British DJ spreading the tao of trance 


Paul Oakenfold, The Club, March 12, 1998

It's the weekend in Liverpool, England, and somehow or another you and your mates have managed to bum your way into Cream -- definitely the best club in world on Saturday nights, when megasuperstar DJ Paul Oakenfold mans the turntables. At 3 a.m. you're packed tightly into the club, your legs feel like they might give out on you, you're sweaty and thirsty and totally exhausted -- but you keep dancing. The music just won't let you go. It is like nothing else you've ever experienced.

"Once you've got 'em, you can take them anywhere you want," says Oakenfold, the premier Pied Piper of the British club scene. "In order to get them, I start out with a key record -- BT's ‘Flaming June,' for example. Something that let's them know it's me up there, and no one else."

The key lies within the first four tracks of his set. "After that, if you've done your job properly, they're yours for the whole journey, right up to the end," says Oakenfold. "And that has got to be the best part, the climax, because the people should always leave on a high."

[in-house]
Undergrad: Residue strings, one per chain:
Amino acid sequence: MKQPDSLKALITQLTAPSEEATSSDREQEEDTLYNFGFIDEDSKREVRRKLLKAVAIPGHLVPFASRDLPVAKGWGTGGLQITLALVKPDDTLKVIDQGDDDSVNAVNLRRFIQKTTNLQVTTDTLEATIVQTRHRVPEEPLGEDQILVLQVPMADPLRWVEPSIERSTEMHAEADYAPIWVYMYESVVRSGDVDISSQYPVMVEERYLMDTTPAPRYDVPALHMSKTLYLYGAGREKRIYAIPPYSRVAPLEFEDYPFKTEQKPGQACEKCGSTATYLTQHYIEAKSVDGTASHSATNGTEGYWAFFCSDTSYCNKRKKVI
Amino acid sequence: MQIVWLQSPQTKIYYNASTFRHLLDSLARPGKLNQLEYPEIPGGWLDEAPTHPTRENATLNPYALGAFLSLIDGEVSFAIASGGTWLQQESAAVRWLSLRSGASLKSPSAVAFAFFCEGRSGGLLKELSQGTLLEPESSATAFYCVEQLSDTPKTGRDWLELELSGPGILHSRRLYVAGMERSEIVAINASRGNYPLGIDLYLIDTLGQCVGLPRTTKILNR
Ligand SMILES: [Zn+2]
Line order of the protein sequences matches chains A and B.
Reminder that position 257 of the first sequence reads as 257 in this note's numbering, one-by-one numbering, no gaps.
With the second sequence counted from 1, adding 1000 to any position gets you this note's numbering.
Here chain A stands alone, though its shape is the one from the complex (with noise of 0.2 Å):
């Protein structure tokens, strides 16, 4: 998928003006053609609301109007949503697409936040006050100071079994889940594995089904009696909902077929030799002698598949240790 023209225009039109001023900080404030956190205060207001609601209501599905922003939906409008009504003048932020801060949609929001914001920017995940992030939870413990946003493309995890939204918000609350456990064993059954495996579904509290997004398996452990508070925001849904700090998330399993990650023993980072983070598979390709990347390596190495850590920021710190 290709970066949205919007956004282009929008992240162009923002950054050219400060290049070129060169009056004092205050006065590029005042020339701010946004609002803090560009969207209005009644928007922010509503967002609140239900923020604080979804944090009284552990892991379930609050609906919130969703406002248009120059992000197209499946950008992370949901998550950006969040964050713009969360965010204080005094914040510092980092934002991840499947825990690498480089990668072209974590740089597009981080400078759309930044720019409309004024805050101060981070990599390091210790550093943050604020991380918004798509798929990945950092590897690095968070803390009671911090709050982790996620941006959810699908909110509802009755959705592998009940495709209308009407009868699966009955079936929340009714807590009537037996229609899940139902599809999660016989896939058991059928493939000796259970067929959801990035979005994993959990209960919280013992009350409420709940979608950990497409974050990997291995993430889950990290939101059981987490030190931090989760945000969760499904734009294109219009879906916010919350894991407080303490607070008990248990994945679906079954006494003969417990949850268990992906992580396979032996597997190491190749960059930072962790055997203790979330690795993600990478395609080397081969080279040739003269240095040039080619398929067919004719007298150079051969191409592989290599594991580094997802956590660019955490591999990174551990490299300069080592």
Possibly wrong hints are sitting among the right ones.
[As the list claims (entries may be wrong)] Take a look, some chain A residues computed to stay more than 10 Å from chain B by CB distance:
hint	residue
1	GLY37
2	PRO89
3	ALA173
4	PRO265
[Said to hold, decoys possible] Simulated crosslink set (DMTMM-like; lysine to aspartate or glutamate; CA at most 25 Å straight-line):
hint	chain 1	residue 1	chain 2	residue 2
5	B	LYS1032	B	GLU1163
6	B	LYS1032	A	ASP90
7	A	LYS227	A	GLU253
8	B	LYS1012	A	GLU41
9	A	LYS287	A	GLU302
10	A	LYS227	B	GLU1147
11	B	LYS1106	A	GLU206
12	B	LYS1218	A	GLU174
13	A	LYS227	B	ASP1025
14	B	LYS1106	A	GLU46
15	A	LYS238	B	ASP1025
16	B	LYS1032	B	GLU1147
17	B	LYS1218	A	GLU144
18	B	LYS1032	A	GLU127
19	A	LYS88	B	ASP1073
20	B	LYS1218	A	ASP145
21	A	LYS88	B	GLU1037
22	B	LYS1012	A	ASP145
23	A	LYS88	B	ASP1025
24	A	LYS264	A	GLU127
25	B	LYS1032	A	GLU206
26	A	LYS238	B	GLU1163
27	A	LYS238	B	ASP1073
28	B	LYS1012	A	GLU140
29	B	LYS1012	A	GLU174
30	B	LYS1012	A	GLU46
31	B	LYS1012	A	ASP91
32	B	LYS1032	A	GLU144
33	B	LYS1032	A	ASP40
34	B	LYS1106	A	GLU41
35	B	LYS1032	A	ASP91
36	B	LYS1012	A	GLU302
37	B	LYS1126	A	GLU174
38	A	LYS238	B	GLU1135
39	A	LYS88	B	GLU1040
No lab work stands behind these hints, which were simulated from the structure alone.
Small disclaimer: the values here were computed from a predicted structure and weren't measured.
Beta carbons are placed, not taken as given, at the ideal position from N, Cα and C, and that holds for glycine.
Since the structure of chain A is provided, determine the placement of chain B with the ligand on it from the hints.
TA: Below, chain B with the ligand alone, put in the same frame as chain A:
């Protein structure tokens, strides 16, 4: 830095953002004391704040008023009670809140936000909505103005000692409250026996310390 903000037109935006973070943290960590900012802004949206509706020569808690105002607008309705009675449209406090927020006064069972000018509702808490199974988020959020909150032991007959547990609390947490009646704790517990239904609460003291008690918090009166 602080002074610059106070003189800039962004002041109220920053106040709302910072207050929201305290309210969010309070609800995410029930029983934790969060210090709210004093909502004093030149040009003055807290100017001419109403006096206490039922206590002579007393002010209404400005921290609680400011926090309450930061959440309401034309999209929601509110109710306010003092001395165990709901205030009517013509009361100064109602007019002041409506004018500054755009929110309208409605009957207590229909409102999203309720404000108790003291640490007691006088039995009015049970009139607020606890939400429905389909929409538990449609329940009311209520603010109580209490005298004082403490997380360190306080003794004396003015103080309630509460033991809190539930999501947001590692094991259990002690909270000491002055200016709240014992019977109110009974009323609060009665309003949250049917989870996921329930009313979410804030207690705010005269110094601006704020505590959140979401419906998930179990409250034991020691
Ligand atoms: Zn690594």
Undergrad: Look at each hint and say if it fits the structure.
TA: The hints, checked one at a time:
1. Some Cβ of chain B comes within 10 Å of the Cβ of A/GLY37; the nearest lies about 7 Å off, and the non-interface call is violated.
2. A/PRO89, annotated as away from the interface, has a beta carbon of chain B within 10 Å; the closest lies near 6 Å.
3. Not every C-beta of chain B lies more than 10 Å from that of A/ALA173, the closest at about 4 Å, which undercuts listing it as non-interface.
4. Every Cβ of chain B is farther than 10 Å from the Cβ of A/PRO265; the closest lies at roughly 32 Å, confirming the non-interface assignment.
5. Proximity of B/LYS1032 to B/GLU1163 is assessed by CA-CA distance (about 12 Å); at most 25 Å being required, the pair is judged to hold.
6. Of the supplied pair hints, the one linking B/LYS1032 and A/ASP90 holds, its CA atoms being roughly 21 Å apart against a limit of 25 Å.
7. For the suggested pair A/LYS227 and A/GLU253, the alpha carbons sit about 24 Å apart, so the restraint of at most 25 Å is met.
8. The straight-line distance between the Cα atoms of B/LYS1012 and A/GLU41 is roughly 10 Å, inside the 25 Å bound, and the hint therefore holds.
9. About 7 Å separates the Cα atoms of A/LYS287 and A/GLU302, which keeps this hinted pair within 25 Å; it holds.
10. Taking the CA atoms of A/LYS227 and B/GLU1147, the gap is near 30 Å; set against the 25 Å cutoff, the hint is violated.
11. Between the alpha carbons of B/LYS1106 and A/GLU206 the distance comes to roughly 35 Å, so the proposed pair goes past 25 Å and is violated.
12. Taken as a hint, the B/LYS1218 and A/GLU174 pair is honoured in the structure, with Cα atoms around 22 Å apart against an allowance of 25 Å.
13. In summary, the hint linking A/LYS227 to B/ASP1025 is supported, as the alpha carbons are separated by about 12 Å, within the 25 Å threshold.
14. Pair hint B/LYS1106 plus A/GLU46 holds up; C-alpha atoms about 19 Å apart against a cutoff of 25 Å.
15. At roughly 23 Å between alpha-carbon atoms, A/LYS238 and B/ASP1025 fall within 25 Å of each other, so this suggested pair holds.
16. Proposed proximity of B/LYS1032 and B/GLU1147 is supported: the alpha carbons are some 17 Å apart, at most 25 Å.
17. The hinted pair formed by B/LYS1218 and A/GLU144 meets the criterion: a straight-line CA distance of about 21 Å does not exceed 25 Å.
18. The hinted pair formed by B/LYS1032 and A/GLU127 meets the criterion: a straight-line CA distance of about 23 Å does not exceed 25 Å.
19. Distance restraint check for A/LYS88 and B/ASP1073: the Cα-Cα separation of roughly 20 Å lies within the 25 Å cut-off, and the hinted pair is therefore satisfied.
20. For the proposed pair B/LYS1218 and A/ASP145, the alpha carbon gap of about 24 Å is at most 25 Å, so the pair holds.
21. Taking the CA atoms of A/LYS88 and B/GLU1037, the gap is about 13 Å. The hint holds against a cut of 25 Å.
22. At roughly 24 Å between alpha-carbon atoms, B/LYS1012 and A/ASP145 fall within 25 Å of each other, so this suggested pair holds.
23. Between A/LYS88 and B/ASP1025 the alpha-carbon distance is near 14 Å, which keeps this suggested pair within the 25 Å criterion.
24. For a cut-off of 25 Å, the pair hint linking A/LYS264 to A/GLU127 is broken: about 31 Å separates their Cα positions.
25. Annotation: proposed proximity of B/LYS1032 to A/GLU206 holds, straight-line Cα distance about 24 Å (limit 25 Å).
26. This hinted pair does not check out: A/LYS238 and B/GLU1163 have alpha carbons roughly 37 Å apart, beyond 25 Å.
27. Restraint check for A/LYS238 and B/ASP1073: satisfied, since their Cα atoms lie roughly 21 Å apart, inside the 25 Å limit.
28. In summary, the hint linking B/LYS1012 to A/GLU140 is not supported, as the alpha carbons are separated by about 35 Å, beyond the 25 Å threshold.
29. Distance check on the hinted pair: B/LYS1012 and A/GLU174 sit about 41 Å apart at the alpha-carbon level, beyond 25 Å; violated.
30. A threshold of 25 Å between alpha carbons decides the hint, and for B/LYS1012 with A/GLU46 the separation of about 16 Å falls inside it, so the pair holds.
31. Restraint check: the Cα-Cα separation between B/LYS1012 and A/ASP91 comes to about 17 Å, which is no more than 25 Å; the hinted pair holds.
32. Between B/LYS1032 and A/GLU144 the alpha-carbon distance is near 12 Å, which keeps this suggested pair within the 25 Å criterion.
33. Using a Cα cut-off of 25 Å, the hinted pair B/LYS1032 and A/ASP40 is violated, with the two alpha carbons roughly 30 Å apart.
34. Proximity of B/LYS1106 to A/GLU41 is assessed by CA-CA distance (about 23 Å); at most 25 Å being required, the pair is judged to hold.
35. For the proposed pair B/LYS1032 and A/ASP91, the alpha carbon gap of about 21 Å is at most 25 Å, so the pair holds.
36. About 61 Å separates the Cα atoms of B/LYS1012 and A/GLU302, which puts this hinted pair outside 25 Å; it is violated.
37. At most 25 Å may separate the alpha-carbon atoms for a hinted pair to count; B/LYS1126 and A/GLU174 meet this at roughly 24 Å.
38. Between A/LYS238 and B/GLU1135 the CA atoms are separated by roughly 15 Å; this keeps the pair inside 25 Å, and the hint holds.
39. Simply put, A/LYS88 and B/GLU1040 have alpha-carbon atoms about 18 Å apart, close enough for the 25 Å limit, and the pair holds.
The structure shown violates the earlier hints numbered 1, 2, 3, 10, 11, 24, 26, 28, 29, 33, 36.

Oakenfold says education and entertainment are a big part of his approach to mixing. "Obviously, there are other elements: preparation, technical know-how and the music, of course. If the music's shit, you're nowhere."

He identifies education and entertainment as the yin and the yang of being a DJ. If there is too much education, he says, the crowd might be listening to all new records, but they're probably bored because they don't hear anything familiar. Like club audiences around the world, the Cream crowds want to know the songs when they're on the dance floor. "There's nothing better than hearing a record that you love," he says. "But if you only play tunes they know, they'll get bored with that, too."

Rather than play tunes that clubbers can constantly hear on the radio, Oakenfold feels the DJ has to know where the audience is coming from. He also has to take them places they've never been. "If you can achieve that balance," he says, "then, nine times out of 10, you're guaranteed a good night."

Oakenfold feels the time has finally come to enlighten the American masses. He thinks Americans don't really understand the concept of the DJ. "All the business about ‘electronica,' which is really just trance -- what I play -- repackaged, has made a start. I think they're ready now for someone to open their minds to new kinds of club experiences."


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